October 7, 2022
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Life & Culture

Review: Moore’s performance triumphs in ‘Still Alice’

"Still Alice"

Directed by Richard Glatzer and Wash Westmoreland

In between the camera’s isolating shift in focus, former-renowned linguistics professor Alice Howland (Julianne Moore) is preparing a holiday dinner when her timer goes off. She walks over to her kitchen chalkboard, removing a piece of paper that had been covering three simple words: cathode, pomegranate and trellis. Five minutes ago, she had tasked herself with memorizing each word, as she is finding her “lexicon” slowly thinning away under what is later confirmed as early-onset Alzheimer’s disease.

Moore’s stunning portrayal of a crisis of memory loss serves as the lead for Richard Glatzer and Wash Westmoreland’s 2014 drama, “Still Alice,” based on Lisa Genova’s 2007 novel of the same name. The film takes a look at the relationship between Alice and her husband, John (Alec Baldwin), as well as her three children, Anna (Kate Bosworth), Lydia (Kristen Stewart) and Tom (Hunter Parrish), in an ironically reversed way. As Alice’s mental condition regresses and she forgets more and more about her family, the audience becomes more acquainted with them.

Howland uses their names as well as her own birthday as trivia questions that she tests herself with every morning. Her ability to remember them determines whether she should continue her life with a deteriorating mind. Her marriage and motherhood aren’t without love, but are made harder by John’s increasing work, Lydia’s career as an actor and Anna’s pregnancy. Alice, not fascinated by the idea of reverting to a simple-minded liability to her family, has set a video for herself on her computer. In this video are strict instructions to down an entire bottle of sleeping pills in the likely event that she forgets all of the answers.

The film splendidly puts together Alice’s struggle with Alzheimer’s in small increments of artistic cinematography that Moore does very well to capture, sometimes as the only character featured on screen. The audience is never tasked with piecing together Alice’s life story by putting together fragments of memories, as one might come to expect from such films as 2004’s “The Notebook” where flashbacks are crucial to advancing a plot that deals with memory loss. The only flashbacks are home videos of Alice’s family that serve an ambiguous purpose. Many scenes feature Alice as she’s faced with losing bits of her life and illustrate the symptoms of Alzheimer’s that people usually don’t understand because they can’t relate. At times, Alice finds herself lost when she’s out jogging, unable to find the restroom, accidentally placing shampoo into her refrigerator and using a highlighter to cross out words when she is reading aloud so she doesn’t repeat them.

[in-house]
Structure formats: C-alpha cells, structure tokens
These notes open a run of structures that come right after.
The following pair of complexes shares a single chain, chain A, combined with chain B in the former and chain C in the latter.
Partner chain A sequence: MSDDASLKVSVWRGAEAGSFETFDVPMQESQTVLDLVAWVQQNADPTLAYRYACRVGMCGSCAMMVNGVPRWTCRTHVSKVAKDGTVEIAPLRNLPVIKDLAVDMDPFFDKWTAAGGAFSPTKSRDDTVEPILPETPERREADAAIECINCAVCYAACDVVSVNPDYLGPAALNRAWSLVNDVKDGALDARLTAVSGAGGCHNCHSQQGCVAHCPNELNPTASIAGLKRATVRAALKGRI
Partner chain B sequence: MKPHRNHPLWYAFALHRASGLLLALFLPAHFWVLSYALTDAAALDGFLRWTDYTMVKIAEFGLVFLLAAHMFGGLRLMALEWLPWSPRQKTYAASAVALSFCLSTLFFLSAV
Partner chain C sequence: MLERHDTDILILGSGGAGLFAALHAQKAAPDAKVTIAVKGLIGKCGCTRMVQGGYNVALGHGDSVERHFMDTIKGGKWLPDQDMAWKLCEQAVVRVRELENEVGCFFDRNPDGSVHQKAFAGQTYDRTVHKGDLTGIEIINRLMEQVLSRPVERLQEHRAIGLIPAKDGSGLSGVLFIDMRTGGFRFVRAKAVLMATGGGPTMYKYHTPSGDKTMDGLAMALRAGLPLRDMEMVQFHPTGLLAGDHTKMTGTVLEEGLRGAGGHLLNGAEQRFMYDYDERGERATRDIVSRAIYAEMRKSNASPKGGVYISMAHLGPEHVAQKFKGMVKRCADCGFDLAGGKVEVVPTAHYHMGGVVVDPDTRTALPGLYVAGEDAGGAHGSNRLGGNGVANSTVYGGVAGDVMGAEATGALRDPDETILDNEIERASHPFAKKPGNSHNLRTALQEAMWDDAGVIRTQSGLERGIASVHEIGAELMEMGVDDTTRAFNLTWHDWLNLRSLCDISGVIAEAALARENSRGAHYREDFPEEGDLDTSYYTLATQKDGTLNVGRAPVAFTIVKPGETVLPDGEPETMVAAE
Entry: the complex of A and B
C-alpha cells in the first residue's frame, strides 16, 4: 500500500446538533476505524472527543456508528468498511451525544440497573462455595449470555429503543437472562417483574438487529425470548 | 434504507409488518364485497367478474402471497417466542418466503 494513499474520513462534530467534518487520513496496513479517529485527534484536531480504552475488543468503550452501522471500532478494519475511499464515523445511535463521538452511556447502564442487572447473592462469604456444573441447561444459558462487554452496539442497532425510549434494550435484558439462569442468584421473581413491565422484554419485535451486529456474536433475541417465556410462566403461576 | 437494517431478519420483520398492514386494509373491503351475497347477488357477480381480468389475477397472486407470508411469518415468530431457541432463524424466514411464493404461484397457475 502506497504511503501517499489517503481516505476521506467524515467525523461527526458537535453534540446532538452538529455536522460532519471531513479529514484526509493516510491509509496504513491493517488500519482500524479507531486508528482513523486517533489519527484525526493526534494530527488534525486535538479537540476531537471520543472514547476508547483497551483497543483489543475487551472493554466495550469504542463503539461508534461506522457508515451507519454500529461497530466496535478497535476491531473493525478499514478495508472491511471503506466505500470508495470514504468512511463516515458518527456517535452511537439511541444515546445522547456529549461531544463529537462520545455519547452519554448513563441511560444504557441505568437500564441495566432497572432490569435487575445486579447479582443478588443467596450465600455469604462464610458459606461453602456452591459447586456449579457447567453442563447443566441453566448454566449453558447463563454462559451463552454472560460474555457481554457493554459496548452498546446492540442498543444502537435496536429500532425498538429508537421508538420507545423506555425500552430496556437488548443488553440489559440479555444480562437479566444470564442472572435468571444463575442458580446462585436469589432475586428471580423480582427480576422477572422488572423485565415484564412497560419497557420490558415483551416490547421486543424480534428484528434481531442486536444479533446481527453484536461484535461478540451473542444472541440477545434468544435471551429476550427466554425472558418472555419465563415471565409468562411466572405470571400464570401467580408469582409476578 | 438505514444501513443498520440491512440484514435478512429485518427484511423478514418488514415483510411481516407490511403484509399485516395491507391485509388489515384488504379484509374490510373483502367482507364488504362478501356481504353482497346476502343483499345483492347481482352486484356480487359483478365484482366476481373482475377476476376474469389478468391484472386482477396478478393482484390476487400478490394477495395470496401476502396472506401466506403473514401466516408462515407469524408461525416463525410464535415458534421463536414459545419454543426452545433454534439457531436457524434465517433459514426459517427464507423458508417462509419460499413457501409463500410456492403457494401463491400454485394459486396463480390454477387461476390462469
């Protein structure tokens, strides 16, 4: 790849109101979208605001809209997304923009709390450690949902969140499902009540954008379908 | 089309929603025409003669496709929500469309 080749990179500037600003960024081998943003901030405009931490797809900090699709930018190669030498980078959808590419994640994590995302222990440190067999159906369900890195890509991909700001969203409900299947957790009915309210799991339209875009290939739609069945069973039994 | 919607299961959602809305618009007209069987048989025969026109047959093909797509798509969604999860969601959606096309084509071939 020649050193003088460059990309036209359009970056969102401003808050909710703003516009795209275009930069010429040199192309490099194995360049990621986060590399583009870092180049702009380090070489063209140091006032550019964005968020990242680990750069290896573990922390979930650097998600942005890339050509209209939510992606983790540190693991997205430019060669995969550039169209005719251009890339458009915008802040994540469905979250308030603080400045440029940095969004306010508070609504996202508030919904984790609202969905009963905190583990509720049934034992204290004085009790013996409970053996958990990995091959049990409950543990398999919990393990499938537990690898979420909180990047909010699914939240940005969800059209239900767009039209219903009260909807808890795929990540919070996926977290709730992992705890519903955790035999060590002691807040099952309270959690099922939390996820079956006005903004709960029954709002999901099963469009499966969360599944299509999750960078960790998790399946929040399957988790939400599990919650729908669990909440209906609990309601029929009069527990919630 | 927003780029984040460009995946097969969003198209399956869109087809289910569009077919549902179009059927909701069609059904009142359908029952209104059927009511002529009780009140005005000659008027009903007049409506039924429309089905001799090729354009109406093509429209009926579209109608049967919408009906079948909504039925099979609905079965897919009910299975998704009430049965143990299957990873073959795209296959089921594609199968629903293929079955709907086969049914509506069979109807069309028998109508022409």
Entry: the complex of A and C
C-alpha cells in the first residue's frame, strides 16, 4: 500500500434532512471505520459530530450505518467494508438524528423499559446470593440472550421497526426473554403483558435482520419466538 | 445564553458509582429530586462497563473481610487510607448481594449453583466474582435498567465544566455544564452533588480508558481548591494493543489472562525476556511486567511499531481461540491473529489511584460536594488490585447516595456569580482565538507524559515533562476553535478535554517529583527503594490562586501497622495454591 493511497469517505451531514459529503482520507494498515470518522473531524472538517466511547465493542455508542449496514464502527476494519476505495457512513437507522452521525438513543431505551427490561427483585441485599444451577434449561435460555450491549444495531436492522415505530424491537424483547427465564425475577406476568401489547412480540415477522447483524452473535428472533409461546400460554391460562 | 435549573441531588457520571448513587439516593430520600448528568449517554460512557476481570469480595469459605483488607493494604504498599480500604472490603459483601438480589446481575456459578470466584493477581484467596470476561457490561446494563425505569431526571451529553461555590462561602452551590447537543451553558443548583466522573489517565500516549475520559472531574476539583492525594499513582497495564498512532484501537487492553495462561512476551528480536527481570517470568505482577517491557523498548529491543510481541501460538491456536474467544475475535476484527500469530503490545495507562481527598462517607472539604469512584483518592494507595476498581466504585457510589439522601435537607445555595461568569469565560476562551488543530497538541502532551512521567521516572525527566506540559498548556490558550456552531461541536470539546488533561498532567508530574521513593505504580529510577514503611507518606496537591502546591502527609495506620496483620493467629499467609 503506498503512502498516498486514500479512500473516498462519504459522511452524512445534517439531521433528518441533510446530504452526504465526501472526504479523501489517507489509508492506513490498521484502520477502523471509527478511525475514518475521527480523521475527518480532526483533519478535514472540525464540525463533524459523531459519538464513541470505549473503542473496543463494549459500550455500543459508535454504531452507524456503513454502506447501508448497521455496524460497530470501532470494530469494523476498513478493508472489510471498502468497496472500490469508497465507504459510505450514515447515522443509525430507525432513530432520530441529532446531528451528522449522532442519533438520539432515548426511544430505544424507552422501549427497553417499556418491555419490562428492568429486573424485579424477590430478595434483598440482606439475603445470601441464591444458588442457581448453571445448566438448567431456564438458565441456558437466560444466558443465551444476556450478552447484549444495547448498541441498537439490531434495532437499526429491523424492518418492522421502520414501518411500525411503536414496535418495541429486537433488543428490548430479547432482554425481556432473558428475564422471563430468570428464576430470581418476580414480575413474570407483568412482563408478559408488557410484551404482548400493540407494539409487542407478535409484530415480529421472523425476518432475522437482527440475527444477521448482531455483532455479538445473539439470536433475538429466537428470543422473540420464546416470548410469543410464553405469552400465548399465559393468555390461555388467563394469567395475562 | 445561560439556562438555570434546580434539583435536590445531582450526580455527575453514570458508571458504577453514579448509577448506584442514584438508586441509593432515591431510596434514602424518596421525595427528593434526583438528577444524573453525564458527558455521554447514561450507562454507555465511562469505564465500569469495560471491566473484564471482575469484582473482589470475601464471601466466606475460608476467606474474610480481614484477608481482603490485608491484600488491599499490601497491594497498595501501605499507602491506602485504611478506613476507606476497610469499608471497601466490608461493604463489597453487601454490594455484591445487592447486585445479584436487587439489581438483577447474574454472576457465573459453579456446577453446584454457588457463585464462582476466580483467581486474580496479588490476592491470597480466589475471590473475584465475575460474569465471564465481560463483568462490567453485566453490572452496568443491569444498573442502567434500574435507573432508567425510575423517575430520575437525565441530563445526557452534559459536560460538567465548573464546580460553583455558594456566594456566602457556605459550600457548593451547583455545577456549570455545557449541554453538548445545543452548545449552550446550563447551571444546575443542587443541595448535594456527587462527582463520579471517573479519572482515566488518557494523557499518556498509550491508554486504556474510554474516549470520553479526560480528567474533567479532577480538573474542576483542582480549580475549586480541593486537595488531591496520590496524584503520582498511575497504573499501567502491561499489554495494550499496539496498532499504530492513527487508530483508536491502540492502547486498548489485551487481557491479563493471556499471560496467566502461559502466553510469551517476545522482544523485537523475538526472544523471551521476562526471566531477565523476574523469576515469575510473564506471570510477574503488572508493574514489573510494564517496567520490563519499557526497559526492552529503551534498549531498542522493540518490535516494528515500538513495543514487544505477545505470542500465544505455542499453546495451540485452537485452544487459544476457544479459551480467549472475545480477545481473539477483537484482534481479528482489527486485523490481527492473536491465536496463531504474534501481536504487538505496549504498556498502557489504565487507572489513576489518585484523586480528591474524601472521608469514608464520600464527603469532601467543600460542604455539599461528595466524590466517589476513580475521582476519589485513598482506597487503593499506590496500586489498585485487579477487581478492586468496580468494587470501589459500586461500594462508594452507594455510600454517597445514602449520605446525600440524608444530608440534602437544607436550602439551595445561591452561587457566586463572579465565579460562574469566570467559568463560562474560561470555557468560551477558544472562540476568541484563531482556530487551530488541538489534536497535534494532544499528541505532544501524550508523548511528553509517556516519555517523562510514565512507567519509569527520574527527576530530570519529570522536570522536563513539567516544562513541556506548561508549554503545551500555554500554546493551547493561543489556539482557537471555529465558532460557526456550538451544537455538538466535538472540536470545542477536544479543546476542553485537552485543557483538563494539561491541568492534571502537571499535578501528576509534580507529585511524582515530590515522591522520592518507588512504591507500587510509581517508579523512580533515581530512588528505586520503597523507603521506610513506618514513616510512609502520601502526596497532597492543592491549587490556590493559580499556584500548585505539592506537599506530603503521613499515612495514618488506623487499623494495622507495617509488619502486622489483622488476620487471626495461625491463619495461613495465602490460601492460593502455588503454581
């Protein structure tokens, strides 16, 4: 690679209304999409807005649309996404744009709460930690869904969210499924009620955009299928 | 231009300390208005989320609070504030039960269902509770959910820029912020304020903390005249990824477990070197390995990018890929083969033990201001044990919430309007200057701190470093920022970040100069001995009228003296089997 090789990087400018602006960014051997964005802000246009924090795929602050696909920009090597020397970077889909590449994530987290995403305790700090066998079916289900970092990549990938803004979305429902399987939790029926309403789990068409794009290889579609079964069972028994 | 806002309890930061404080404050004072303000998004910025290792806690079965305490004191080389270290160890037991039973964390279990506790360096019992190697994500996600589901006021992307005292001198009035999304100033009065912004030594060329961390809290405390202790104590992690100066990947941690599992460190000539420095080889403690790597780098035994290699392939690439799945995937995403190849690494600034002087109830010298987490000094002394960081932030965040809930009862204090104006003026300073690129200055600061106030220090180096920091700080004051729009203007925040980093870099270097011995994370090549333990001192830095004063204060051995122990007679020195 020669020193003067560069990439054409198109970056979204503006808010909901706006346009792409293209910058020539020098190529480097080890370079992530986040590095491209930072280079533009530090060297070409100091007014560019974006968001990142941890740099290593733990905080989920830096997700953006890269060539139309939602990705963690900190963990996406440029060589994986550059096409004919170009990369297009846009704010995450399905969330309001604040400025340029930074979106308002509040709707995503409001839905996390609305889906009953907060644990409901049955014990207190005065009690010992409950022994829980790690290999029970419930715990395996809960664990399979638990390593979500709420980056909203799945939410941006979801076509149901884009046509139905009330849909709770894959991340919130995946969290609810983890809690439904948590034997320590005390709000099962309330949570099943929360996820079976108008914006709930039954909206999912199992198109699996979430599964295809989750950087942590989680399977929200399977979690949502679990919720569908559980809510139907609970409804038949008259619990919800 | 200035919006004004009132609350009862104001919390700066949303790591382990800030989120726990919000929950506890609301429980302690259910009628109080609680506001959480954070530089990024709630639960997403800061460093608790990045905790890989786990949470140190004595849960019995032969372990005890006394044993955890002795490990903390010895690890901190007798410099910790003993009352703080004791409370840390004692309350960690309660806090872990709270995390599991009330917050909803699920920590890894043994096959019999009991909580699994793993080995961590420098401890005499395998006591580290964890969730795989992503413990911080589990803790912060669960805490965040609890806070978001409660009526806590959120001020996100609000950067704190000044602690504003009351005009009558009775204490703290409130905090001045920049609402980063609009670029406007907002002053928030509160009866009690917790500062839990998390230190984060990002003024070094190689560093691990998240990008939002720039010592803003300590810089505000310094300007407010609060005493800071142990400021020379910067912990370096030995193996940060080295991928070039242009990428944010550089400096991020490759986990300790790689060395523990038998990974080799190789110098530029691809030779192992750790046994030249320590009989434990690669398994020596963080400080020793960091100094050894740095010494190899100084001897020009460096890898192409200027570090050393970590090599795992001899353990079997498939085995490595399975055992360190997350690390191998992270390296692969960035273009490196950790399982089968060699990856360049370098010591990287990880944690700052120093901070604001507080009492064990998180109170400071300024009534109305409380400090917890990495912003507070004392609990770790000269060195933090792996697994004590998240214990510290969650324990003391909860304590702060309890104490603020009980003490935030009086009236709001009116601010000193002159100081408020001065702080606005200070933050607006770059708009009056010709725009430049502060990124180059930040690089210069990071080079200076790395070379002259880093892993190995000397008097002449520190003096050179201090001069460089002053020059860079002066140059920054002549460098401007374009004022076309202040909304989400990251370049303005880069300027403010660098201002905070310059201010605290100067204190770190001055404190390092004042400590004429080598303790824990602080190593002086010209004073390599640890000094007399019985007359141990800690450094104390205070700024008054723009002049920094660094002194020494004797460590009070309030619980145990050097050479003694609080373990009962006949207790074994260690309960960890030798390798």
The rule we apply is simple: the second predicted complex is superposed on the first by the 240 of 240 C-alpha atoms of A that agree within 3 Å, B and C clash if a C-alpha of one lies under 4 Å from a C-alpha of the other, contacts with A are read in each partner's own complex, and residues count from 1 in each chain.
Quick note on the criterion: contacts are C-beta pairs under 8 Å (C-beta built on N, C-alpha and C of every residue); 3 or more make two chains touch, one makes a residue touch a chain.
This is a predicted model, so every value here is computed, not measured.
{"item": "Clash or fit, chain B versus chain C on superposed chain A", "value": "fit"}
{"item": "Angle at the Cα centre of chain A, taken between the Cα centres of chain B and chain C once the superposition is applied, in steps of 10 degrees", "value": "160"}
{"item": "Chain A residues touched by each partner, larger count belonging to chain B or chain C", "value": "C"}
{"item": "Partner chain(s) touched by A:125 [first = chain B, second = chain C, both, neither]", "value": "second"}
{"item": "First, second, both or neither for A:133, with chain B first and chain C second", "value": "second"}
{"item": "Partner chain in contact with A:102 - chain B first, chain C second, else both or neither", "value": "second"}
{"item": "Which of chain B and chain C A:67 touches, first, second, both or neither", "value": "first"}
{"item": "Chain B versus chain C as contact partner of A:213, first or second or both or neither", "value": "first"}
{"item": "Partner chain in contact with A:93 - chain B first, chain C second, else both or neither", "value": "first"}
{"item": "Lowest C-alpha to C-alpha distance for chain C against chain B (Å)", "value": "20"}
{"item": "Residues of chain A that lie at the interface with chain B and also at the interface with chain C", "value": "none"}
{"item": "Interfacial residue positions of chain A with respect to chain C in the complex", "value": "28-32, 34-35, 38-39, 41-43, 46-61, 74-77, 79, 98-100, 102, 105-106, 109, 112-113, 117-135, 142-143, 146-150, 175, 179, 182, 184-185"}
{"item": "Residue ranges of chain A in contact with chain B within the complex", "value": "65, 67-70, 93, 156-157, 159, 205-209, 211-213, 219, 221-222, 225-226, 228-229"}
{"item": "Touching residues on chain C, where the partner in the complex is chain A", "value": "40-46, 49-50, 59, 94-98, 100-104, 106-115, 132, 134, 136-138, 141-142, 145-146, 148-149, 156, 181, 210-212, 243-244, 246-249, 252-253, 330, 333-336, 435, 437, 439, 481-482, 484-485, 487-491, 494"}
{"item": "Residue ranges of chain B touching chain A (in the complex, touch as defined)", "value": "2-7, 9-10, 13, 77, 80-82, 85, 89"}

The ensemble cast gives heartwarming performances, forming a decent family chemistry without entirely glossing over individual characterization. Propelled by an intelligent script, together they bring completeness to both Alice’s and her family’s journey through this mental illness. Even in the film’s darkest moments, when the question arises whether or not they think Alice would want her life to continue like this, increasing in helplessness and forcing the rest of them to put their own lives to a halt to take care of her, there’s always an encouraging emotional backdrop to fall on.

Moore steals the show and earns the audience’s adoration through her careful, precise acting. From the beginning, she captures the sympathies of those around her, up to the point where she can barely utter the word “love” but still move hearts. She takes on a heavy task, treading the thin-ice topic of Alzheimer’s disease while at the same time staging a conflict between her former self and her mentally handicapped self. It is not easy to act out an almost one-woman show with a vocabulary that gets smaller and smaller as the film progresses, but nonetheless, Moore proves to be captivating and composed in doing so. She becomes a phenomenal beacon of hope for people who have suffered at the hands of mental adversity.

Anyone who has been afflicted with or knows someone with Alzheimer’s will find “Still Alice” an inspiring piece of cinema. It’s a timeless family adventure that makes the more overlooked parts of the disease known and does a gregarious job of it.